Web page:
The e-bike debate continues to evolve, as the numbers on the roads increase. As a traditional cyclist I am not ready to trade my human powered two-wheeler for an electrically assisted one.
I am not opposed to e-bikes in general, however I don't believe they belong in dedicated multi-use bike and pedestrian lanes, either on or off-road. These bikes are much heavier and faster than others, and most often are more silent. You don't hear the squeak of a chain, the rattling of loose parts, or the panting of someone getting exercise.
More often than not these e-bikes sneak up alongside between a cyclist and a vehicle, putting themselves and others in danger. As well, it seems a similar proportionate amount of e-bikers are as unaware as cyclists as to the rules of the road. Add the extra weight to this incompetence and the risk of injury is bound to increase.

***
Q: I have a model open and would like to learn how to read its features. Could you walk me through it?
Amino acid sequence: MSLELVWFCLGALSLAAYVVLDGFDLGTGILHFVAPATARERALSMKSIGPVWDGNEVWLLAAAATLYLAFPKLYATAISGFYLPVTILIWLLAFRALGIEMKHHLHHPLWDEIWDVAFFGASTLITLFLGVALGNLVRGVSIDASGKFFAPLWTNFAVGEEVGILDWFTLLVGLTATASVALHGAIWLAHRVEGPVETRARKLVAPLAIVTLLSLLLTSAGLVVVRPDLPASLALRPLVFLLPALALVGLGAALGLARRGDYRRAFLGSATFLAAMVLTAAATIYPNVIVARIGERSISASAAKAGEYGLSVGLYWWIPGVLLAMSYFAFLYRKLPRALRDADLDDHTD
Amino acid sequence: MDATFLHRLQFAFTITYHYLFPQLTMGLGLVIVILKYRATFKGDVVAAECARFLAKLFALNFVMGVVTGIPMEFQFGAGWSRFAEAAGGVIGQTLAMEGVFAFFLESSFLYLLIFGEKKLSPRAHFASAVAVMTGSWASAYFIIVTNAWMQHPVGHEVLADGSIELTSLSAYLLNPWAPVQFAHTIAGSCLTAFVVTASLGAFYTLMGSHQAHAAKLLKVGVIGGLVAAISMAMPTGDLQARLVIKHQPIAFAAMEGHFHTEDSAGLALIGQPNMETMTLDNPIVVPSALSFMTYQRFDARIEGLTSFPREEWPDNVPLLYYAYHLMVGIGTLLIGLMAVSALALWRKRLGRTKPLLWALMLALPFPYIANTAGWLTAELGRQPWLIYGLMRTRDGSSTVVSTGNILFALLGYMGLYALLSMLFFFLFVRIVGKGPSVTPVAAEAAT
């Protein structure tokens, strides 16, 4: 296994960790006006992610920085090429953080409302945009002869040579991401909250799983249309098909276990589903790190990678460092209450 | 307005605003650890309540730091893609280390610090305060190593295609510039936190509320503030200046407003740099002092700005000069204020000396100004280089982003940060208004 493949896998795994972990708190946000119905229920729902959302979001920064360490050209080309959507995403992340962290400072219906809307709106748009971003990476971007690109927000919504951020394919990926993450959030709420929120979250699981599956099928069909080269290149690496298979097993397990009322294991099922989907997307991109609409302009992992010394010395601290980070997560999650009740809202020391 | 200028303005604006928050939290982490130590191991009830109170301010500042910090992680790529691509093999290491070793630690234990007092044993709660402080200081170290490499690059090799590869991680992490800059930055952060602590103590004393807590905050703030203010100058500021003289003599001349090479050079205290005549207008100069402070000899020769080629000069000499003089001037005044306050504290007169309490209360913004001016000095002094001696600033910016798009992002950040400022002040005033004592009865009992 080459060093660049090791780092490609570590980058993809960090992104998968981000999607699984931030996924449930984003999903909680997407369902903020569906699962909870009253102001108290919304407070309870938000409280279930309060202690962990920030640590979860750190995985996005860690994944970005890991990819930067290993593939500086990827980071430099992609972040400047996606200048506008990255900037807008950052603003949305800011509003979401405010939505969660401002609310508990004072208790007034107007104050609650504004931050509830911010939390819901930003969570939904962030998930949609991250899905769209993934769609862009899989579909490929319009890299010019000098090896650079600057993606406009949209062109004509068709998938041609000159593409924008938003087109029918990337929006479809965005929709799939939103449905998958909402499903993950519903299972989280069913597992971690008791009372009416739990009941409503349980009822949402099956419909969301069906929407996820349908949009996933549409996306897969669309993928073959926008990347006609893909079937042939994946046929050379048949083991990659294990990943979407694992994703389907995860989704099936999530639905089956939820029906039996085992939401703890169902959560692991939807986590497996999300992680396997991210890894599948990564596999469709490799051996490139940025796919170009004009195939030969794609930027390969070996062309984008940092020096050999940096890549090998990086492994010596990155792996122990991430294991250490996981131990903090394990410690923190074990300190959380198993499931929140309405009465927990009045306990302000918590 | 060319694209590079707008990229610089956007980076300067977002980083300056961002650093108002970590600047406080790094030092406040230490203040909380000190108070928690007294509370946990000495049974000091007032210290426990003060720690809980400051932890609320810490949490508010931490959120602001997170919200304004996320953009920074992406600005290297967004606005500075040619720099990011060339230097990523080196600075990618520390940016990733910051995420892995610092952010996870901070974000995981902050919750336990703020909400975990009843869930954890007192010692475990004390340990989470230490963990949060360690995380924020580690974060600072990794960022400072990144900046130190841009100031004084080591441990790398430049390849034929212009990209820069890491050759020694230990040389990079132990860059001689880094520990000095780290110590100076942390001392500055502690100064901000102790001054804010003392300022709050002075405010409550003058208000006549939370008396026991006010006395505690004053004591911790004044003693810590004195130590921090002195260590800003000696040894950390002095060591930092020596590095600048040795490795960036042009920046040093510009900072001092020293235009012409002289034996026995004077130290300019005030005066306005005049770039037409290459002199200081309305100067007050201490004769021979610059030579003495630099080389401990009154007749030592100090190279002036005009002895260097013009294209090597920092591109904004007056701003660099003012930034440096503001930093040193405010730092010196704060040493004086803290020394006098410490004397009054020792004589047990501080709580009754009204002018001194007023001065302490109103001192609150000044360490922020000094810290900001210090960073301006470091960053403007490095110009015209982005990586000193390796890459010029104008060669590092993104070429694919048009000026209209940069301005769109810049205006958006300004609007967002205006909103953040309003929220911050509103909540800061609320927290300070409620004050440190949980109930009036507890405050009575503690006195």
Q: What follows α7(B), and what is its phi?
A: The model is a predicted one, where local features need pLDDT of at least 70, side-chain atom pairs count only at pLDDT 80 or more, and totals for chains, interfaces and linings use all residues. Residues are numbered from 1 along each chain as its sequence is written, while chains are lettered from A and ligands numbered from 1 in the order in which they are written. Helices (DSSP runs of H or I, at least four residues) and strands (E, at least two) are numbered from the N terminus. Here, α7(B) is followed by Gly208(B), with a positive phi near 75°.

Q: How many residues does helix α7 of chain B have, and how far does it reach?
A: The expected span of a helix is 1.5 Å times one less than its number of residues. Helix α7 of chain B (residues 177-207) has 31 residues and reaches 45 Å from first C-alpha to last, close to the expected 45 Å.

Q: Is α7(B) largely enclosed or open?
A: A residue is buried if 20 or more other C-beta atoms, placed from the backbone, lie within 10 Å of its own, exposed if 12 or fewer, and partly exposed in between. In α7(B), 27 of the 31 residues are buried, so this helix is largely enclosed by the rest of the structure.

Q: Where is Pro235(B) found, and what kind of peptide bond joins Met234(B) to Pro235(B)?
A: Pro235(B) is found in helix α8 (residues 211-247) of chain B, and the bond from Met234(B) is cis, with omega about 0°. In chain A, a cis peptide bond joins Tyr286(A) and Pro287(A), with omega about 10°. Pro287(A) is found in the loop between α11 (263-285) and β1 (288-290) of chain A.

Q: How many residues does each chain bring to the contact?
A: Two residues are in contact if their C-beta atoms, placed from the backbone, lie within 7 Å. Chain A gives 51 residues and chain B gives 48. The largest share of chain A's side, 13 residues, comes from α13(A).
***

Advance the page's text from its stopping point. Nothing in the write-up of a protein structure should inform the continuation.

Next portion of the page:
On a positive note, if e-bikes perhaps eliminate a few journeys by vehicle, even if just for casual riders who are also car owners, then that's a step in the right direction. I'm all in favour for the growth of e-bikes, but think they need to remain on the road with other vehicles and motor assisted modes of transport.
Here's a recent article published by BlogTO that provides updates on the latest news surrounding the debate of where do e-bikes fit in.